An aborted government programme, which tried to parachute teachers into underperforming schools in the North West, was implemented in a "bit of a hurry", the Department for Education's top civil servant has admitted
Jonathan Slater, the DfE's permanent secretary, also said the National Teaching Service failed because the money paid to encourage teachers to relocate was insufficient and there were not enough schools who wanted to give them jobs.
The idea behind the NTS was to get top teachers into underperforming schools in areas which struggled to recruit, by paying them £10,000 to relocate.
The government eventually hoped to parachute 1,500 outstanding teachers into such schools, but began by piloting the programme with the aim of putting 100 individuals into schools in the North West.
However, after a Tes freedom of information request, the DfE admitted that the programme attracted just 116 applications, of which 54 were subsequently recruited and 24 matched with schools. The scheme was officially abandoned last December.
Appearing before the Public Accounts Committee this afternoon to give evidence on the topic of teacher retention, Mr Slater was asked what the DfE had learned from the NTS debacle.
"What I learned was that it's good to pilot," he replied.
He went on: "One, we found that a £10,000 relocation sum didn't incentivise enough people to move.
"Number two, we found that there were more people wanting to move than there were schools wanting to receive them. So while 24 people were reallocated successfully, there were 29 people who wanted to but the schools in question didn't want to receive them, because of the particular subject specialism, the particular phase, because it's a complicated business."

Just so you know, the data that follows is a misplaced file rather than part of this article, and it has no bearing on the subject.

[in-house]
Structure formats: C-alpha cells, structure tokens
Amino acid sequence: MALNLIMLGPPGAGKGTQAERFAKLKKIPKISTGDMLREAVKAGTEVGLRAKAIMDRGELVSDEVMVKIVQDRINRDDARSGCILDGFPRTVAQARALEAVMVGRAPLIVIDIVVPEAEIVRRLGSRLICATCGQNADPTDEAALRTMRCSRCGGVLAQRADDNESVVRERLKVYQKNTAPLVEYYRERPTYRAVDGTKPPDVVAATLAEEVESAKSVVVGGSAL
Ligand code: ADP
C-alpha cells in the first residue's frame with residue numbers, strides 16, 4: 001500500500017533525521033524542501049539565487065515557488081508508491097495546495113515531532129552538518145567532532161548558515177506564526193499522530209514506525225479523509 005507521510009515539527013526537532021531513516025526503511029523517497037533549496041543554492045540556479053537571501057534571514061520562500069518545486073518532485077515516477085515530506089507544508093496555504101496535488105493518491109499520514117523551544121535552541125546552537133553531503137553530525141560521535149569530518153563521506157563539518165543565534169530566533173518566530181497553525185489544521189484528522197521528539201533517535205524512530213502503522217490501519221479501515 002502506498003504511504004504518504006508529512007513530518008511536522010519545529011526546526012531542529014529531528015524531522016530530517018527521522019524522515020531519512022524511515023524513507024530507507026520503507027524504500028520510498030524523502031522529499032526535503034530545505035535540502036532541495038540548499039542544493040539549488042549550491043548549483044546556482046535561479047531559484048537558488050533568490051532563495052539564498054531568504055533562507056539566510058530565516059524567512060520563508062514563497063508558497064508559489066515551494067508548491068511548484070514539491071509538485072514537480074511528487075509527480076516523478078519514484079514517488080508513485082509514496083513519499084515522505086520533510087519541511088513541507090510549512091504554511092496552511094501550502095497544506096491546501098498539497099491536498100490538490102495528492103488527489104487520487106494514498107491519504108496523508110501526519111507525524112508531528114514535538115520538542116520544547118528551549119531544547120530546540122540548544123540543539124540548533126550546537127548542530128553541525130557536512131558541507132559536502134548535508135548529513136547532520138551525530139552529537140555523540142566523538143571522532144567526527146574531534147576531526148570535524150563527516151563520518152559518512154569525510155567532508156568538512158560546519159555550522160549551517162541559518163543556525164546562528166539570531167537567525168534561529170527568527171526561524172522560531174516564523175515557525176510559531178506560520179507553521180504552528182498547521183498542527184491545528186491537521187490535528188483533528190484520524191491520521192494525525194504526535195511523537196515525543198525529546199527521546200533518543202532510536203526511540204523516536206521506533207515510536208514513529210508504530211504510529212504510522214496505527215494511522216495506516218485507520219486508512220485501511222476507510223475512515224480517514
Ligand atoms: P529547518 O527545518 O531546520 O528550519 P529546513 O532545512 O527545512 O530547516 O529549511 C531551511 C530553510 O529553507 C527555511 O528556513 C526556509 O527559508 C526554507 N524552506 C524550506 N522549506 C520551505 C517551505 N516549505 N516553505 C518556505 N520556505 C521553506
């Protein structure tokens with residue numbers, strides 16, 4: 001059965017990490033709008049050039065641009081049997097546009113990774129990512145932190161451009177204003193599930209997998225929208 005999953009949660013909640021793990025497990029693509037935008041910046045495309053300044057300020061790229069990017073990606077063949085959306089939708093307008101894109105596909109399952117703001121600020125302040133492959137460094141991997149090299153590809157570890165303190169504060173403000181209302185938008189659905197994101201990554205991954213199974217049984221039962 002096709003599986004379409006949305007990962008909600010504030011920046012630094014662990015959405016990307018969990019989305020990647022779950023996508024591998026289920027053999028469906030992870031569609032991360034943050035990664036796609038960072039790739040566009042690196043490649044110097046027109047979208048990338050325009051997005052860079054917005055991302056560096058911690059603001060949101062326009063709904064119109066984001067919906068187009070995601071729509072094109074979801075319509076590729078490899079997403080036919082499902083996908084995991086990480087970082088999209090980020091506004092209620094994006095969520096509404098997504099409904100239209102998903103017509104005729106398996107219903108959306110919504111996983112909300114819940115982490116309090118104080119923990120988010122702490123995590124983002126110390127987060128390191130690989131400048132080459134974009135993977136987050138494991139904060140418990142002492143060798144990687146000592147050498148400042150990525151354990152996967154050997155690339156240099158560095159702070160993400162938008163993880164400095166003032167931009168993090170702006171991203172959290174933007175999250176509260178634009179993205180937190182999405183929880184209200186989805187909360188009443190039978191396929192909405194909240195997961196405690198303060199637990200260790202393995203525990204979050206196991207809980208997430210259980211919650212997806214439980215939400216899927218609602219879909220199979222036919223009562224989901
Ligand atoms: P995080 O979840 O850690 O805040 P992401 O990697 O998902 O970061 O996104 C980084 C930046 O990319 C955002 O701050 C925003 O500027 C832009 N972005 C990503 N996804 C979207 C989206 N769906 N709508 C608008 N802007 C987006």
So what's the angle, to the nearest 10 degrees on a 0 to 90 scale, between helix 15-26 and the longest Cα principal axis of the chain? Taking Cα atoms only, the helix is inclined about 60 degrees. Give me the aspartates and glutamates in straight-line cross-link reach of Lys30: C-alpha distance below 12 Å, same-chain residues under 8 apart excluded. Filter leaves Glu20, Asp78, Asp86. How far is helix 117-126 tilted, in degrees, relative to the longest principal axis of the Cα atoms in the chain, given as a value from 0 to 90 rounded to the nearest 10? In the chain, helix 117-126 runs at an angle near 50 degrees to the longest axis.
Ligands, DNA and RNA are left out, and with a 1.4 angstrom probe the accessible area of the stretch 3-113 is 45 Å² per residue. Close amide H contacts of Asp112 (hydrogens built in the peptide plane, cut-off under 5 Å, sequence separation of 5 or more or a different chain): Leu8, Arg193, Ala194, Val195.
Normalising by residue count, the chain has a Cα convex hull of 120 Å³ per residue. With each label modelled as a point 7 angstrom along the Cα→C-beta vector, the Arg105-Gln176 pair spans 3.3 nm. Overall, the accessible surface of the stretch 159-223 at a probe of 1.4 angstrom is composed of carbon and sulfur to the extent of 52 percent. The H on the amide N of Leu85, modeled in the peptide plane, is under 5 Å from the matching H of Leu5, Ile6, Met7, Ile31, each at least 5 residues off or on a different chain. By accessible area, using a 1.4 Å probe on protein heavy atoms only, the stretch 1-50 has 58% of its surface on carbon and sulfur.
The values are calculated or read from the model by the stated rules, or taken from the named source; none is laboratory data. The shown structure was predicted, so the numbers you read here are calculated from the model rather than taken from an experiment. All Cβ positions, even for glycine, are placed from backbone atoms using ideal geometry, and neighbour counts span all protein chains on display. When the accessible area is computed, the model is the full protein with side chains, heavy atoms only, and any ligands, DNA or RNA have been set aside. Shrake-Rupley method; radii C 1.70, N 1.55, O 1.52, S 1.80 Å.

He then added: "And I suppose the final thing we learned, was we did it in a bit of a hurry, to be honest."
National Teaching Service lessons
Paul Kett, the DfE's director general for education standards, said the "fundamental learning we've... applied, is instead of trying to move teachers, we should be investing in those teachers in those areas".
Earlier during the hearing, Mr Slater said that the DfE would shortly publish a consultation on strengthening qualified teacher status.
He said this would consider questions such as: "should we have a much clearer framework for what you might as expect as a new teacher to do when, how you might develop?
"What might we do to improve the quality assurance of that CPD – there's a lot of money spent by a lot of schools on things which afterwards they're not happy with – what role might we play, or might an independent provider play, with quality assuring it?
"What level of entitlement might you give a...teacher after three years or a teacher after five years. How would you incentivise them and the schools to do it?"